Let’s Talk About Bullying

I want to talk about bullying. It’s partly because of the Chris Sims/Valerie D’Orazio revelations from yesterday, which has acted as a prompt to make me finally try and get my thoughts out about it. We don’t talk about bullying enough, and bullying ruins lives. I know, because I’ve suffered from it quite extensively.

‘Bullying’ is almost too friendly a term for it, one that conjures up memories of childhood days and images of the school bully who will one day get his comeuppance. Bullying is, in it’s ultimate form, a campaign of of harassment and intimidation, often involving violence or threats of violence, directed by one or more person at an individual. It’s a horrible, nasty thing that needs to be recognised as such.

It’s one of those things that we push to one side and awkwardly tip-toe around. It’s something that we know happens in schools, but we tell ourselves that it’s just kids and that they’ll grow out of it. We know that it happens in workplaces, we know that it happens increasingly online, and we shrug our shoulders and ask what can we do? It’s endemic to our society.

Bullying has long lasting effects. For me, I experienced the after effects of being bullied at school, and on occasion in the workplace, for years, even decades, afterwards. I found it impossible to trust people, even those closest to me. I created a persona that wouldn’t allow me to get too close to people precisely so that there’s no ammunition to be used against me. I still react incredibly badly to criticism, fearing on some level that I’m going to be bullied again, and I’ve actively sabotaged myself so that I won’t get noticed.

There are also the memories. The nightmares. I still have them to this day, and I’m thirty-six. Thirty-six. There’s no set trigger for the memories, but I’ll relive the worst moments in vivid detail and actually feel like I’m there again, feeling helpless and afraid. Sometimes I’ll wake up in the night terrified, afraid to go back to sleep, knowing that it’s waiting for me again. I’m a lot better now, but it’s something that’s haunted my life, hanging over me and not letting me move on.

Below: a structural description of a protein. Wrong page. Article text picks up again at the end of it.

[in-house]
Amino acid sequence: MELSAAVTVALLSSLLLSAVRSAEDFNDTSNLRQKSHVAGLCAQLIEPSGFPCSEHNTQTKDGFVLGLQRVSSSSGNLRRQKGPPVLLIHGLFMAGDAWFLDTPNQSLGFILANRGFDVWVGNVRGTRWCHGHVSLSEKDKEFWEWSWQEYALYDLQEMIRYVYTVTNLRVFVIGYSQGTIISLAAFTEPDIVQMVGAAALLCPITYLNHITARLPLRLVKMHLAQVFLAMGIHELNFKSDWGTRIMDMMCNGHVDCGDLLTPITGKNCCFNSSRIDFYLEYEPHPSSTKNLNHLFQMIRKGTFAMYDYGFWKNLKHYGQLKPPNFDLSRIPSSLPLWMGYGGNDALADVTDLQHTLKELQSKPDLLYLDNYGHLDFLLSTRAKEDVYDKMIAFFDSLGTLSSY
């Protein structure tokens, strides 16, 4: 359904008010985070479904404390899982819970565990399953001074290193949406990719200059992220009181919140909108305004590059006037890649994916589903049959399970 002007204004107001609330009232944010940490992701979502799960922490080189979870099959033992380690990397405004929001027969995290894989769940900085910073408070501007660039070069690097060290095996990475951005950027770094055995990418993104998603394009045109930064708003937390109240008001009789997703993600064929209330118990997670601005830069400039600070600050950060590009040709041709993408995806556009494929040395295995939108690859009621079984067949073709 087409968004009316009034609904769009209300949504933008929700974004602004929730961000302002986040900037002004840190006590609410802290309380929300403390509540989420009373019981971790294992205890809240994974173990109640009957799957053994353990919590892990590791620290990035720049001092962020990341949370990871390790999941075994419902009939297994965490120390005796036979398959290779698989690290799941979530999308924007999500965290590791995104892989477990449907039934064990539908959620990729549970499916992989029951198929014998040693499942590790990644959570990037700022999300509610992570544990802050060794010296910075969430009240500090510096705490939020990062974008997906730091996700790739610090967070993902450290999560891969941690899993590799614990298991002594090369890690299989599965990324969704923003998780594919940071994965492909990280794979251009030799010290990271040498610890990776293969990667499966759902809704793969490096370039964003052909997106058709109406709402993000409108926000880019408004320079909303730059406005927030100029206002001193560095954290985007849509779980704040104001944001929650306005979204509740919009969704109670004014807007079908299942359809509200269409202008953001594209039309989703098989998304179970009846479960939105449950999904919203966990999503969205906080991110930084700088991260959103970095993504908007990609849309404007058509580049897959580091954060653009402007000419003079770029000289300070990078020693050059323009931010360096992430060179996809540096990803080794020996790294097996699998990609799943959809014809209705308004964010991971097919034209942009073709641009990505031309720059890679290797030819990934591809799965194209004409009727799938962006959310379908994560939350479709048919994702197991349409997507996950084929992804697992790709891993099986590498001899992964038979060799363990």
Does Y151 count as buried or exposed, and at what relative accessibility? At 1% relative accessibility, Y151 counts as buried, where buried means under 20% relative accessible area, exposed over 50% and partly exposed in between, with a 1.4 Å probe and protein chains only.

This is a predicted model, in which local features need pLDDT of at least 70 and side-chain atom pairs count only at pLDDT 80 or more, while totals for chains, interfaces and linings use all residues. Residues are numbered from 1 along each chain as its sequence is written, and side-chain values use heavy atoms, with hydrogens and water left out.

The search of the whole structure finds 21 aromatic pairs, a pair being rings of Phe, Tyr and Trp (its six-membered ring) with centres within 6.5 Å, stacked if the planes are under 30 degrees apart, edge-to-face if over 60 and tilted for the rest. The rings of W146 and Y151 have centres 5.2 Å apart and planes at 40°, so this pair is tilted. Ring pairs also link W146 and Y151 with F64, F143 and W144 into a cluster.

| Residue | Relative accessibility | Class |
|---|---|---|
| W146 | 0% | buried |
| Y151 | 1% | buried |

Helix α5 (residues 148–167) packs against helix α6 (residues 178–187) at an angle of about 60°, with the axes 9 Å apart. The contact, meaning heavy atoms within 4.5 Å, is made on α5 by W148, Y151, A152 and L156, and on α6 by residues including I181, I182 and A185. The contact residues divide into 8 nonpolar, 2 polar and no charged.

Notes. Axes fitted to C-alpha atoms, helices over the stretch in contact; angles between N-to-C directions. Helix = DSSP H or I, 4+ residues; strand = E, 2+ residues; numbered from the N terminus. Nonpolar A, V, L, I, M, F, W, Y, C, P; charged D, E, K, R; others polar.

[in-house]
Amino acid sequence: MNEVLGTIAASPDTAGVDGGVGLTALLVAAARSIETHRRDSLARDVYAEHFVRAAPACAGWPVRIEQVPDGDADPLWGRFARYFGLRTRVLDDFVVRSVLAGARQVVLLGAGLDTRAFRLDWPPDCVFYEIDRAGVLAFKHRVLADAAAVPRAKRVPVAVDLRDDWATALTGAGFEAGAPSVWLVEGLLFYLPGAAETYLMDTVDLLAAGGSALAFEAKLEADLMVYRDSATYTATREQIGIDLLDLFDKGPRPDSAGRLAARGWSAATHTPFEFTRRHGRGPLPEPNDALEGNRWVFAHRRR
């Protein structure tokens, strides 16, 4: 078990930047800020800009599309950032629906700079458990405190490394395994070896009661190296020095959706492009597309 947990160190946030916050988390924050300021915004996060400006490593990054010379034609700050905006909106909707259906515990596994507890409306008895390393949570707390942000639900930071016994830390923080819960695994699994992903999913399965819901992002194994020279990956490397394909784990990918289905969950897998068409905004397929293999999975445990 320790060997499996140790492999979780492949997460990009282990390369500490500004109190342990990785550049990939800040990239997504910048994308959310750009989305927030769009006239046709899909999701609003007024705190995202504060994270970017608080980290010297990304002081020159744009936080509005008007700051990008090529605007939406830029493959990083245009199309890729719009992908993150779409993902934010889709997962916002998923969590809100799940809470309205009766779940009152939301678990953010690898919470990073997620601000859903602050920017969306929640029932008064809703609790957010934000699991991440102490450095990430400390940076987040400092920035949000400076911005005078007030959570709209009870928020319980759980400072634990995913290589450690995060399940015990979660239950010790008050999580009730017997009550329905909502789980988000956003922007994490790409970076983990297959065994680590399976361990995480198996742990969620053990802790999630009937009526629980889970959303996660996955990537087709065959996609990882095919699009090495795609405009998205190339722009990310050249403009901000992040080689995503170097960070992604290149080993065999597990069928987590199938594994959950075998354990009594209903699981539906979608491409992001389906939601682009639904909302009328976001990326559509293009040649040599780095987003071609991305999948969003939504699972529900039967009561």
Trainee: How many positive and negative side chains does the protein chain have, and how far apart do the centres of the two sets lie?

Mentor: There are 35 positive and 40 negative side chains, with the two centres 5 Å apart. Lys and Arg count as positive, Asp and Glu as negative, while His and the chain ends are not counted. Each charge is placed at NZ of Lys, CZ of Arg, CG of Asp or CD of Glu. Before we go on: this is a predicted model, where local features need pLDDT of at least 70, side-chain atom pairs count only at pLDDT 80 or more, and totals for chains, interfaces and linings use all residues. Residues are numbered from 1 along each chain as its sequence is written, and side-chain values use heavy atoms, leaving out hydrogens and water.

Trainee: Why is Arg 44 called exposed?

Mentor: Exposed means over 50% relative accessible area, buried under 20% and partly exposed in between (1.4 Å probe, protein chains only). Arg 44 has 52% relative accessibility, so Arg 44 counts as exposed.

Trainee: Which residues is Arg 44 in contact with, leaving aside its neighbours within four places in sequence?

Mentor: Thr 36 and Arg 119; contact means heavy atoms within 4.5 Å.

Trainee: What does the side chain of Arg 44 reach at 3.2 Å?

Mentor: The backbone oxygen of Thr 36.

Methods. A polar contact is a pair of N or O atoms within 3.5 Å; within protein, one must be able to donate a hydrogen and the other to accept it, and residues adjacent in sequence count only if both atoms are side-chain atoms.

The after effects of being bullied have had a profound effect on me. I’ve struggled to rebuild my trust in people, and I still find myself feeling like I exist on the edge of groups, not really believing that people actually like me. I’ve had issues with depression, body-image issues and more besides. I keep going and hope that one day it’ll all be left behind me, and, like most people that have been a victim of bullying, I’ve kept quiet about it, fearing that I’ll have to go through it all again if I speak out about it.

The thing is, that’s what’s stopping anything being done about it. Those of us who have suffered very rarely speak out, either at the time or after the fact. It’s become such a part of our culture that I, and I suspect many others, don’t really believe that much will be done about it. You can see people who have made a career out of bullying people being lauded as ‘strong personalities’, while those of us who have suffered keep our heads down and hide. We remain victims, seeing our tormentors prosper.

Bullying is part of our culture. It’s not going to change until we accept that and try to address the problem. We need to create an environment where people can come forward with their experiences without fear. We need to listen to people and realise the massive impact that this has on people’s lives. We need to make people who have been a bully realise exactly how much harm they’ve done, and we also need to give them the space to apologise and try to do better.

Bullying won’t go away overnight. It’s far, far too pervasive. We can start talking about it, though. We can try to do better.


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